Monthly Archive for February, 2013

Page 2 of 2

Sugar Creek


This is near Charlottesville,Virginia and is part of Family Drive work. This with Mamiya VII and Tri-X film

Lijie Zhang – The Innocent

Lijie Zhang

The Innocent

If you believe that there are people who are different from us, then the value of their existence is often represented in some other way.

We began this project two years ago with an interview to Guo Haiping, one of the few people who have dedicated their career to researching and promoting the artistic work of individuals with mental disorders. In the Nanjing Natural Art Center, which he established, we saw many unforgettable scenes. These paintings were by made by special artists from different countries, with different illnesses and different styles, yet it was the sincere and shocking value of these paintings that impressed people the most. I clearly remember a painting by a psychopath named Zhang Yubao in dark grey, in its center there was a mass of dark clouds entangling a person’s upper body, leaving only two legs struggling to escape for the viewer to see. Later, Guo Haiping told me that it was a treasure he had discovered while he “lurked” around the mental hospital for 3 months.

After contacting the group of people involved in the project, I become deeply attracted to their artistic world and conceived the idea of photographing them. I have photographed SARS sequela patients and rare disease groups, so when I came across this group of the disabled, I comprehensively had to consider what kind of position and perspective to represent them with, as well as what kind of technology and techniques would be most suitable for this project.

On April 2nd, 2012, the annual World Autism Day was held. The Beijing Association for Rehabilitation of Autistic Children cooperated with the Intermediate Fine Arts Gallery to hold an art exhibition titled “Photo of the Innocent”. This exhibition featured paintings created by children with Autism. My “normal” colleagues and I were thoroughly overwhelmed by more than 100 paintings on exhibition from over 30 children. We became familiar with just a few of the gifted artists at the exhibition, and soon began our interviews and photography project.

We always want to re-interpret this kind of art, or at least make the work of artists like them more relatable to our own, less inhibited realities, thus less comfortable to understand. However, disease isolates them from the impetuousness and temptations of the outside world, and thereby allows them to remain true to their nature. In the brushstrokes of these special artists we do not see the “obstacles”. On the contrary, we see the life of thriving vitality displayed honestly and frankly, with an emotional strength that washes over the observer. Their honest radiance entirely comes from within. This is something that cannot be accomplished by any form of training or education.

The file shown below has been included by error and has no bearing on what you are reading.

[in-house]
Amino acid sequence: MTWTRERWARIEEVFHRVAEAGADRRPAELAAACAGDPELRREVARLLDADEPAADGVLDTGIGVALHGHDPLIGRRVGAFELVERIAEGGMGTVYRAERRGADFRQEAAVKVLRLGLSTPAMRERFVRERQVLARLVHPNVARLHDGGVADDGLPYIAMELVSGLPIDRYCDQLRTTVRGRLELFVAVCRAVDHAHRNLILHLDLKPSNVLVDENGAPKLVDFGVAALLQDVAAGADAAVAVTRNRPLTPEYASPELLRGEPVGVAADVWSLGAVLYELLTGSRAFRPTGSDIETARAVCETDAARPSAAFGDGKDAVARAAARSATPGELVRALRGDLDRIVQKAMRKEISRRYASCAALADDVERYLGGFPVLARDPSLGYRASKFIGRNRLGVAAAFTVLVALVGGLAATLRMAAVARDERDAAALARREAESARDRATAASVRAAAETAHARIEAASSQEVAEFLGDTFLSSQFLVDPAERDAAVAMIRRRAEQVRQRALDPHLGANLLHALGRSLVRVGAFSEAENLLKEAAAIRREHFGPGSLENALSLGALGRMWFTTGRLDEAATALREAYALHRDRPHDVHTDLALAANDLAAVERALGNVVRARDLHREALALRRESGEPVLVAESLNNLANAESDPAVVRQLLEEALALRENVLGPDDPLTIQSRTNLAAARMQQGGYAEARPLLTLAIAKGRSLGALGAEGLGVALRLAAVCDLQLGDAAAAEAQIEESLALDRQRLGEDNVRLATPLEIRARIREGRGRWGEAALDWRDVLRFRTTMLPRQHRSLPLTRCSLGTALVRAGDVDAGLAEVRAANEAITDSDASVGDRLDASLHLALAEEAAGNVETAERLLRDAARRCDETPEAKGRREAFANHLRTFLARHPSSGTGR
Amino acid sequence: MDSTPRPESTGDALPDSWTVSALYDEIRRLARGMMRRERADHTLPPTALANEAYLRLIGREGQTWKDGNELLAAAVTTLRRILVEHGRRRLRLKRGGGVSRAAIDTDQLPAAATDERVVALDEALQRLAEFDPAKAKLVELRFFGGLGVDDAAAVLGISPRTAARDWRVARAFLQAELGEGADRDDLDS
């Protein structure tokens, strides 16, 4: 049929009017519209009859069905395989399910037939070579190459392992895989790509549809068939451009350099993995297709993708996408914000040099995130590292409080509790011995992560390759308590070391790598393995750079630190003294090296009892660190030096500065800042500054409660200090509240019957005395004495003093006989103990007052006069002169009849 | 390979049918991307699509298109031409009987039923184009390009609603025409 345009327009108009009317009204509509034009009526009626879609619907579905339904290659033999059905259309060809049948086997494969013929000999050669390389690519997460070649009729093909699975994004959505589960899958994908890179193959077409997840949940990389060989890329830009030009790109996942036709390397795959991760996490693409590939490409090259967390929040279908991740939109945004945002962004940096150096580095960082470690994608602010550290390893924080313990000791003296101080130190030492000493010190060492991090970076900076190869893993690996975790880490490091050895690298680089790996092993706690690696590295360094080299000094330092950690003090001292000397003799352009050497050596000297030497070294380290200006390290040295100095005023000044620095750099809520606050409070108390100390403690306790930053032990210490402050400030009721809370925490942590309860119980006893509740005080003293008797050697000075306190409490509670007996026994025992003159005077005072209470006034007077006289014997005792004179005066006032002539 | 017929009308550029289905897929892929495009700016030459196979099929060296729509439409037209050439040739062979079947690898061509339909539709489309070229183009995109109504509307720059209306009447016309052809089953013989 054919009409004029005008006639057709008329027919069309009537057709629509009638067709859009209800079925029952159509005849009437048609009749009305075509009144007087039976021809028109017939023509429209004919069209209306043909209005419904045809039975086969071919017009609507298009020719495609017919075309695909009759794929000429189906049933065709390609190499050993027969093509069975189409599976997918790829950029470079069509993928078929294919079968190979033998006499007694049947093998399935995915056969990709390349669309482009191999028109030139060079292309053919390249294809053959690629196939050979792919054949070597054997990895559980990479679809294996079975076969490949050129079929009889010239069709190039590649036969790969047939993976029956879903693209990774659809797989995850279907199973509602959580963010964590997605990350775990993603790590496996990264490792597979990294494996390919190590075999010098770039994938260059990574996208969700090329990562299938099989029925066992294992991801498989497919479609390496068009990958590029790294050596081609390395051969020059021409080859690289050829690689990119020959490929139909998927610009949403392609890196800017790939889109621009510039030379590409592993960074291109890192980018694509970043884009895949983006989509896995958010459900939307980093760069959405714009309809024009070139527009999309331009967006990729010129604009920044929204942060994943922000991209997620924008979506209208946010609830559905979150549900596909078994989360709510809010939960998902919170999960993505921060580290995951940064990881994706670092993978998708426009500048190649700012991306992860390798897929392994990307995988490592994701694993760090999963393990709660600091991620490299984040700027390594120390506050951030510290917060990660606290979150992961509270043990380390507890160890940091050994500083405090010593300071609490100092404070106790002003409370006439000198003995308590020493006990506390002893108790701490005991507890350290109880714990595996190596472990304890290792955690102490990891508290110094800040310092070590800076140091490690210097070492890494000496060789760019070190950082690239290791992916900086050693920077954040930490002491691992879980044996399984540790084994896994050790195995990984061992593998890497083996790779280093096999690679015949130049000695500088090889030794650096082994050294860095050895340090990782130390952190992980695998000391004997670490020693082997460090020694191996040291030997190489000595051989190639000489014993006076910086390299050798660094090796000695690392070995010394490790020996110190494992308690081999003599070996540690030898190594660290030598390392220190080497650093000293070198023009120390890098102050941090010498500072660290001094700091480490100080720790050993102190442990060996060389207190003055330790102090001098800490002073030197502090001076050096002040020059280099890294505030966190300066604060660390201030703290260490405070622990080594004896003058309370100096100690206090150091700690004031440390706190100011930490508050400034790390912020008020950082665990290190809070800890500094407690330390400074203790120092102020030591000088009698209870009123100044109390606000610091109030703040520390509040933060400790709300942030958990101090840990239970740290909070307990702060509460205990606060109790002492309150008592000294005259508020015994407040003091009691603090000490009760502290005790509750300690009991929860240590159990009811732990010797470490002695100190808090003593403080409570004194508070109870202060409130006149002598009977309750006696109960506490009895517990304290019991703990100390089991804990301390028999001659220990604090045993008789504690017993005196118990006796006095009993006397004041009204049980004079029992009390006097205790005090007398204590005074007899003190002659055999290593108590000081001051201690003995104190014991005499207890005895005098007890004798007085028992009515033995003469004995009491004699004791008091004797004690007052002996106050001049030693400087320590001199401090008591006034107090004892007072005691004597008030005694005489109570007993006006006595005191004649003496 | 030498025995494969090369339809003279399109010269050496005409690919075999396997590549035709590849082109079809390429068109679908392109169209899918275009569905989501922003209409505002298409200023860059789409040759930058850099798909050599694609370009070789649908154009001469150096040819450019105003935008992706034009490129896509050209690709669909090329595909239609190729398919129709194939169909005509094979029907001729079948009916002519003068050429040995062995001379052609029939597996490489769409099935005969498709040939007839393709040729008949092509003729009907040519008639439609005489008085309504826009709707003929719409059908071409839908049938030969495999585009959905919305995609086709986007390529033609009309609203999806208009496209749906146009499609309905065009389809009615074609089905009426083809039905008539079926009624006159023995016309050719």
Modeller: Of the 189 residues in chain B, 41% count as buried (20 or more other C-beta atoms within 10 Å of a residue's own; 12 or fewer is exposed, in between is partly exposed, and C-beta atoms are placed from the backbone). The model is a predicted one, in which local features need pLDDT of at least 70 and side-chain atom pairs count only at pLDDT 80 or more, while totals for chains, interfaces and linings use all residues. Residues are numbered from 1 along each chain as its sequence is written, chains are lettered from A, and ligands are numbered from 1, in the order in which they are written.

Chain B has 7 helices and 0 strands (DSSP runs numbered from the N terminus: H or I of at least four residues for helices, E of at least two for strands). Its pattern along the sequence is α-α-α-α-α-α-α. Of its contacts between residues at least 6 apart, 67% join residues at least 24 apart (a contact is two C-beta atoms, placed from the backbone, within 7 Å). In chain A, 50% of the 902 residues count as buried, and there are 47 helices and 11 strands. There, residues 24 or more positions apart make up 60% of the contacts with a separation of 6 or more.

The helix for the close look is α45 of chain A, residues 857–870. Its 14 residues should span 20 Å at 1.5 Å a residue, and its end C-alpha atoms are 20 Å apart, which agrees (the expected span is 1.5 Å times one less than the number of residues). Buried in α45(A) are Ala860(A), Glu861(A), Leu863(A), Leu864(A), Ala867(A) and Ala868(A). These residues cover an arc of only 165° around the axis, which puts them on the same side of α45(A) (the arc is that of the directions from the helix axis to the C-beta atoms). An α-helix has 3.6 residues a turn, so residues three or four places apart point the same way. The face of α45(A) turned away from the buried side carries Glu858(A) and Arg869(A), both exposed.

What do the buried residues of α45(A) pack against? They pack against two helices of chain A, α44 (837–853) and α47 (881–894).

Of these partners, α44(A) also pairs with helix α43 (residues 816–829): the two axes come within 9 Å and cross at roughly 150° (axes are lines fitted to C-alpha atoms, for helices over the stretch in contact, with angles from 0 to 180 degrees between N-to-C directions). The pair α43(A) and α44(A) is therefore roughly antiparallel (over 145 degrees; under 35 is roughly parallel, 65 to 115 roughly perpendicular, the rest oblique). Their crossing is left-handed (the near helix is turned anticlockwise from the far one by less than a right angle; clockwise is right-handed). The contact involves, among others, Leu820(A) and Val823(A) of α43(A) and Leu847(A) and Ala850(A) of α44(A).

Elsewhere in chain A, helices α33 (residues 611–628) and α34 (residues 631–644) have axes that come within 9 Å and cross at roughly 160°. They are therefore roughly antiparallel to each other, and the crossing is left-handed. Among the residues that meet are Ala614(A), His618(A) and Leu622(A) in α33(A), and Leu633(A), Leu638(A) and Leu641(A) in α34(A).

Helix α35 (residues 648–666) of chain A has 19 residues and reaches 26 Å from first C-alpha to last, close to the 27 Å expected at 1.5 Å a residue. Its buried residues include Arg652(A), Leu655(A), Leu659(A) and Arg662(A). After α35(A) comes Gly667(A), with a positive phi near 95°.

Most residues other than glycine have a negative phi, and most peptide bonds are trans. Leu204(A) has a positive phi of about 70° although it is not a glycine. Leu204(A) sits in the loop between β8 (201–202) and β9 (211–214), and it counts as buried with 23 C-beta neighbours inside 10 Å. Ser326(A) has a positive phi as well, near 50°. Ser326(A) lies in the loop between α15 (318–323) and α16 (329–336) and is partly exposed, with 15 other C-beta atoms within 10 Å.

Having been deeply touched by the profoundly self-identifying art, the photographs were executed smoothly. The tearfully openhearted parents conducted themselves politely and carefully in conversation. The often curious and sometimes stereotypical behavior of the children was unforgettable.

It is an unfortunate fact that society often uses the artistic creations of the mentally disabled as a means for only charity, frequently failing to really understand and appreciate the inherent artistic value of their works. Consequently their talent is often overlooked, buried or even stifled.

Only extraordinary ability in art tends to attract attention. As more people pay attention to autistic children, more opportunities will begin to arise for them. When facing the works of these gifted artists, people cannot avoid thinking and searching for motives and desires buried down within the deepest reaches of their hearts. For the onlookers, it is also a means for introspection and self-redemption.

A year has passed. Without them I never would have had a project like this to photograph, and I feel very lucky and satisfied to have the chance to be brought closer to innocence and myself.




Lijie Zhang, born in 1981 is a photojournalist based in Beijing, China.

She is currently working on a number of long-term projects, which include “The Innocent: mentally disordered artists”, “The Rare: rare diseases in Mainland China”, “Sequelae of SARS”, and many more.

Her work has been featured worldwide including New York Times-Lens, Newsweek, and CHINA DAILY. Additionally, she is involved in multiple exhibitions in New York, Guangzhou Photo Biennial, LianZhou International Photo Festival, and PingYao International Photography Festival.


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Lijie Zhang


Adult Fiction….

fictionWrite a good caption for me here. It is labeled fiction, so that gives you some leeway. So good caption, or your interpretation of what is going on here. The truth will eventually come out.